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Masayuki Kikuchi, Taku Saito; Interaction between local and global border-ownership signals on a closed figure composed of small triangles. Journal of Vision 2008;8(6):824. doi: 10.1167/8.6.824.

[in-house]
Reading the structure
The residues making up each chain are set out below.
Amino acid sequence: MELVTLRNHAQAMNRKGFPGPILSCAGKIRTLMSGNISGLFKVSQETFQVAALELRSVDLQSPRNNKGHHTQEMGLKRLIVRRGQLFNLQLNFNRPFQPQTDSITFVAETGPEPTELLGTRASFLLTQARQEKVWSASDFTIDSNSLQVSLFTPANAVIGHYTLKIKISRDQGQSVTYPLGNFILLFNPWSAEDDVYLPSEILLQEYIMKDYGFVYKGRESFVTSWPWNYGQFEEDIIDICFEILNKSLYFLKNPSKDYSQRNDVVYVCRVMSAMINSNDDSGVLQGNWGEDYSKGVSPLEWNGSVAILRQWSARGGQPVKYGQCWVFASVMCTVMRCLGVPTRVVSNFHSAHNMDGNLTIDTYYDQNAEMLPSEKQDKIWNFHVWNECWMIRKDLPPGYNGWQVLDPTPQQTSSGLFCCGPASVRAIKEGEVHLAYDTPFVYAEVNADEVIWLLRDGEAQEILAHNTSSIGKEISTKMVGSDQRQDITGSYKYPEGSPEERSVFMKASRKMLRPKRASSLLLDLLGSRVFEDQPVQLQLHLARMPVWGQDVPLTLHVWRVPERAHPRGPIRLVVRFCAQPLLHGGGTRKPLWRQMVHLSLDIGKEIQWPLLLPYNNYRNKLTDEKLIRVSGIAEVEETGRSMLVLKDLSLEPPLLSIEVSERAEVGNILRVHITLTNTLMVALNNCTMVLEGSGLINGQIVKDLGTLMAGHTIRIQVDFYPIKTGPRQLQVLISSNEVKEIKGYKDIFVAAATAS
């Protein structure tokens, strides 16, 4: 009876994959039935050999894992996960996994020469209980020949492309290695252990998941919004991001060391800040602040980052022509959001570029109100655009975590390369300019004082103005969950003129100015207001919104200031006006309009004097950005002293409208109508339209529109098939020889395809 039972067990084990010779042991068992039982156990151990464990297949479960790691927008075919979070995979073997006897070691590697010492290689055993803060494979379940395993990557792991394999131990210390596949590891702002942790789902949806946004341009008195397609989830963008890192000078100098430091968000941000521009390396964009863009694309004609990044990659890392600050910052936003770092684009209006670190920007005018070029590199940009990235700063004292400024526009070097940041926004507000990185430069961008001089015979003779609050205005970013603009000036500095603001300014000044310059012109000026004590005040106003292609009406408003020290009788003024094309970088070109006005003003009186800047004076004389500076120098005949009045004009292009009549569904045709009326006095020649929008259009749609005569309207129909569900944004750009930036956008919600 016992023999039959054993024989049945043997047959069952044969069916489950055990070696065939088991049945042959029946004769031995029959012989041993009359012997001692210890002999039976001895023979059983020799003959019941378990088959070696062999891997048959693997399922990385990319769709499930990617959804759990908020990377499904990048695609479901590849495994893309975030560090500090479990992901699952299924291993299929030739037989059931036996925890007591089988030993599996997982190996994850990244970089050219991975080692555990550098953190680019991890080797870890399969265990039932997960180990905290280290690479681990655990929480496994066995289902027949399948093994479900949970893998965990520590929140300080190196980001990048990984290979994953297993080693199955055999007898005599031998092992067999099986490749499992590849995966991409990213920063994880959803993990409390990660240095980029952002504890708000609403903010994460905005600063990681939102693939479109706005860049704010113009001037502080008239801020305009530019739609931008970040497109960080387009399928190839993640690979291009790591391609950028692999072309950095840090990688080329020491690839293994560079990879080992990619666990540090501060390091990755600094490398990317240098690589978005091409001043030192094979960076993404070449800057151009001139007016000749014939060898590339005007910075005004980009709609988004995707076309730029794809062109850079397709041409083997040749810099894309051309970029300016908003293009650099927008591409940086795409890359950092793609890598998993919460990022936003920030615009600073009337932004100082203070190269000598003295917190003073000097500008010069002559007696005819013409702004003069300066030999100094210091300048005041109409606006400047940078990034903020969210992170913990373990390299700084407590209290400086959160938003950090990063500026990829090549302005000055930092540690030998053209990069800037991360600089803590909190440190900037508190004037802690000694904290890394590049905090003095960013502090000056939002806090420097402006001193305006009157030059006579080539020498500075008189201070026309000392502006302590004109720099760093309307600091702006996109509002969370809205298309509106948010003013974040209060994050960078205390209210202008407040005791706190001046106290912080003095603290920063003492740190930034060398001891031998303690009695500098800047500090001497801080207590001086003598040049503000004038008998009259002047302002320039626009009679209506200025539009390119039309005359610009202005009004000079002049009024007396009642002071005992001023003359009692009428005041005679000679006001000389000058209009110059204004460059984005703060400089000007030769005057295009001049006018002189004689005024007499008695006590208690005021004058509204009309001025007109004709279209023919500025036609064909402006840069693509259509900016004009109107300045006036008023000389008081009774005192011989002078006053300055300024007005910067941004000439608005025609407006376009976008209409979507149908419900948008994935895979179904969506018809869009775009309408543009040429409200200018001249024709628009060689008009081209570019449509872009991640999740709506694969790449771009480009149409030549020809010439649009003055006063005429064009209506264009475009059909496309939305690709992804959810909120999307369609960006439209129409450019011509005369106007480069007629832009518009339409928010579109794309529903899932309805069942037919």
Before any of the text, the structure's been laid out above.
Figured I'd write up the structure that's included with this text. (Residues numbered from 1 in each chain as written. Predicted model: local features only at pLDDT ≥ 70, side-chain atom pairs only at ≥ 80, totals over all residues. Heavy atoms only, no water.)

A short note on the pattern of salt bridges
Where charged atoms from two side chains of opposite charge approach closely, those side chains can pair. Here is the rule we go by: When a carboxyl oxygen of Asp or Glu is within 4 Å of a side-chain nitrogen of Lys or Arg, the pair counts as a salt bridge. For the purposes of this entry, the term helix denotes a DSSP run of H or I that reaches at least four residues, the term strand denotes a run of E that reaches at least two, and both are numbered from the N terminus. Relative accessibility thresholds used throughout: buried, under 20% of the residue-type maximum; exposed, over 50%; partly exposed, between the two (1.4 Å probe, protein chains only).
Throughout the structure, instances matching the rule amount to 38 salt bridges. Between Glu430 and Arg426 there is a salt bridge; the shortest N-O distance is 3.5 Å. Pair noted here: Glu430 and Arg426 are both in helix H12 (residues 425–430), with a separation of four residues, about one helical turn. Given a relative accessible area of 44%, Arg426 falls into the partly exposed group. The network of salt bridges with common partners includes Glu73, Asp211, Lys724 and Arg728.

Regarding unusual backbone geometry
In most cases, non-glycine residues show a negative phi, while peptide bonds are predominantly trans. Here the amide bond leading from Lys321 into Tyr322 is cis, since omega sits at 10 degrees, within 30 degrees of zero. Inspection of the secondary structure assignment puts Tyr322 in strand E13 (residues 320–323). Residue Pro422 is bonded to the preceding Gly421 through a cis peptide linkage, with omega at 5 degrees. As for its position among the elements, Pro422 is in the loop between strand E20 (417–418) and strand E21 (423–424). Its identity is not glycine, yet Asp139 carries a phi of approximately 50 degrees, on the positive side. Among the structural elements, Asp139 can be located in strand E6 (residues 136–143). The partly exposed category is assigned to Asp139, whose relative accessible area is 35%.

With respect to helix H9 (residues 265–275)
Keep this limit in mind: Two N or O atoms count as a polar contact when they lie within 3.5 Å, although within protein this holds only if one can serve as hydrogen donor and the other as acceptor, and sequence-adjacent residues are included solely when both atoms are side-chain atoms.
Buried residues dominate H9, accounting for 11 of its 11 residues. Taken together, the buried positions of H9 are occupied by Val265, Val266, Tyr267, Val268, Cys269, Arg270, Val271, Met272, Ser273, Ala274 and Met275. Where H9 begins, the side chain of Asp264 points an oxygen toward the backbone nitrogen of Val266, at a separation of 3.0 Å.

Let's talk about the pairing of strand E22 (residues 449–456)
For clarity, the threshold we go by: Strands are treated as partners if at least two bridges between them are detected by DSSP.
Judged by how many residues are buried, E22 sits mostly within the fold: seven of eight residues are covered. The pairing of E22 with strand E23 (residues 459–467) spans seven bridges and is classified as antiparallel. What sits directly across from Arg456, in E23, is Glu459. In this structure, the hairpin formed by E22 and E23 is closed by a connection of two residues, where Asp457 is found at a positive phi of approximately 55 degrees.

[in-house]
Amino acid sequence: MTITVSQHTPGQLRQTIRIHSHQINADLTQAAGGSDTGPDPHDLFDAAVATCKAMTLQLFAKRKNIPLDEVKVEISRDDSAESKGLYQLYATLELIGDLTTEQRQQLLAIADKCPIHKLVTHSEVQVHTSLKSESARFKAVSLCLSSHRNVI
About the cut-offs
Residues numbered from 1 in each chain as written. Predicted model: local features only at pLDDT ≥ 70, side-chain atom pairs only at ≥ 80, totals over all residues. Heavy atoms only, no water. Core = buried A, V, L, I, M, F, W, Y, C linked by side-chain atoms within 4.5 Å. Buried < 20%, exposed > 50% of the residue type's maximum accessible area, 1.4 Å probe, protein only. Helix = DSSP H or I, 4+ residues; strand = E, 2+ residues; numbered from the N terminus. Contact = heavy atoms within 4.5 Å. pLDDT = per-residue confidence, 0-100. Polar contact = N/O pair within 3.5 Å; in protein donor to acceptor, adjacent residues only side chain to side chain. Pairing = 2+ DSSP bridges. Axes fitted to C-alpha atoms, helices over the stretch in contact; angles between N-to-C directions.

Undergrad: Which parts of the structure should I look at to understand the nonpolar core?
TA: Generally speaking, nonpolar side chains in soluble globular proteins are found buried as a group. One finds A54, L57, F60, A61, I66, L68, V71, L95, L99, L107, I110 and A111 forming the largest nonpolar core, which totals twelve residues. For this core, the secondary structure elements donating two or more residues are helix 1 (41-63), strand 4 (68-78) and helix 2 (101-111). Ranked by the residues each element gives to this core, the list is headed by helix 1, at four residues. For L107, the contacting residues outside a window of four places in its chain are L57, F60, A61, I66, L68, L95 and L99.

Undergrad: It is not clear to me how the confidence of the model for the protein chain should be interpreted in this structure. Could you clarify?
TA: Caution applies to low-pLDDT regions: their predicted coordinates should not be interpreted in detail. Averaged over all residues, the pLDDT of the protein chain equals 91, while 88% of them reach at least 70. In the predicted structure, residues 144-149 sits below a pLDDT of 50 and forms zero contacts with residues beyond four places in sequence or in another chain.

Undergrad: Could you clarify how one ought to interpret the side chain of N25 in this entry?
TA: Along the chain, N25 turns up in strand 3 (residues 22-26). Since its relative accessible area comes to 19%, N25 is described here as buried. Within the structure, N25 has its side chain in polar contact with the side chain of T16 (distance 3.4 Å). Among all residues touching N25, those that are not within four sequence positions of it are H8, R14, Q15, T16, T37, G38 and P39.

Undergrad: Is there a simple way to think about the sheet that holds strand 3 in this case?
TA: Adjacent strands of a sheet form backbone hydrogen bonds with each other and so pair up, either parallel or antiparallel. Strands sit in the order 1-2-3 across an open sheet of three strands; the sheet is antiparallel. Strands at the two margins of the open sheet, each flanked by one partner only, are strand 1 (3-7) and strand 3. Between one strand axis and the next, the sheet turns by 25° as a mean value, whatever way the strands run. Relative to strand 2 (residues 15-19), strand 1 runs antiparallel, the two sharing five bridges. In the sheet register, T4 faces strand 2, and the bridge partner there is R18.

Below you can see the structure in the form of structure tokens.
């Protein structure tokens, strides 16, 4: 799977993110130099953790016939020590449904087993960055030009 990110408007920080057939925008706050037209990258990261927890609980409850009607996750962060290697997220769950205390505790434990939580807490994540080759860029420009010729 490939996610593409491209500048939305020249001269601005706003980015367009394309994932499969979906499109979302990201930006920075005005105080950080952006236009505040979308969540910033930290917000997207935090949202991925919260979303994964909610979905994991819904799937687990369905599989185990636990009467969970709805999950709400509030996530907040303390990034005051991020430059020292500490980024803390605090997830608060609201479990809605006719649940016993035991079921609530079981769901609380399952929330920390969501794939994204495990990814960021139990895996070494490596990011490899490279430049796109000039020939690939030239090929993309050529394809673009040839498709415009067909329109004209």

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Previous study had reported that collinearly placed short line segments which had border-ownership attribute (i.e., figural side) could easily be integrated into a long contour when they had the same ownership polarity, but they could hardly be integrated when their ownership polarities spatially alternate (Kikuchi & Oguni, ECVP2005). This study performed psychophysical experiments investigating the perception of the closed contours represented by such small line segments with border-ownership attribute. The experimental method was based on path-paradigm (Field, Hayes, & Hess, Vision Research, 1993). Instead of Gabor patches, small equilateral triangles were used as stimulus elements, as used by the previous study by Kikuchi & Oguni. A path was composed of twenty triangles, embedded in background (randomly placed triangles in 16×16 grids). Each path-triangle participated in the global contour so that one of the three edges in the triangle was on a global smooth curve. All paths had circular shape. Unlike the preceding study (Kovacs & Julesz, PNAS, 1993), two types of closed contours can be defined in our experiment according to the ownership polarities. Type I: global ownership polarity is inward of the circle, but local ownership polarity is outward, corresponding to “hole”. Type II: both global and local ownership polarities are inward of the circle. Each trial in our experiment had two successive stimulus screens, and only one of them had the path. Subjects' task was to answer which screen included the path. We compared the correct rates of path-detection for above two types of contours, and obtained the result that type II contours were salient but type I were not, for all three subjects (p[[lt]]0.01). This result indicates that there seems interaction between local and global ownership signals on global closed contours, and that salient perception of the contours needs the coincidence of global and local ownership polarities.
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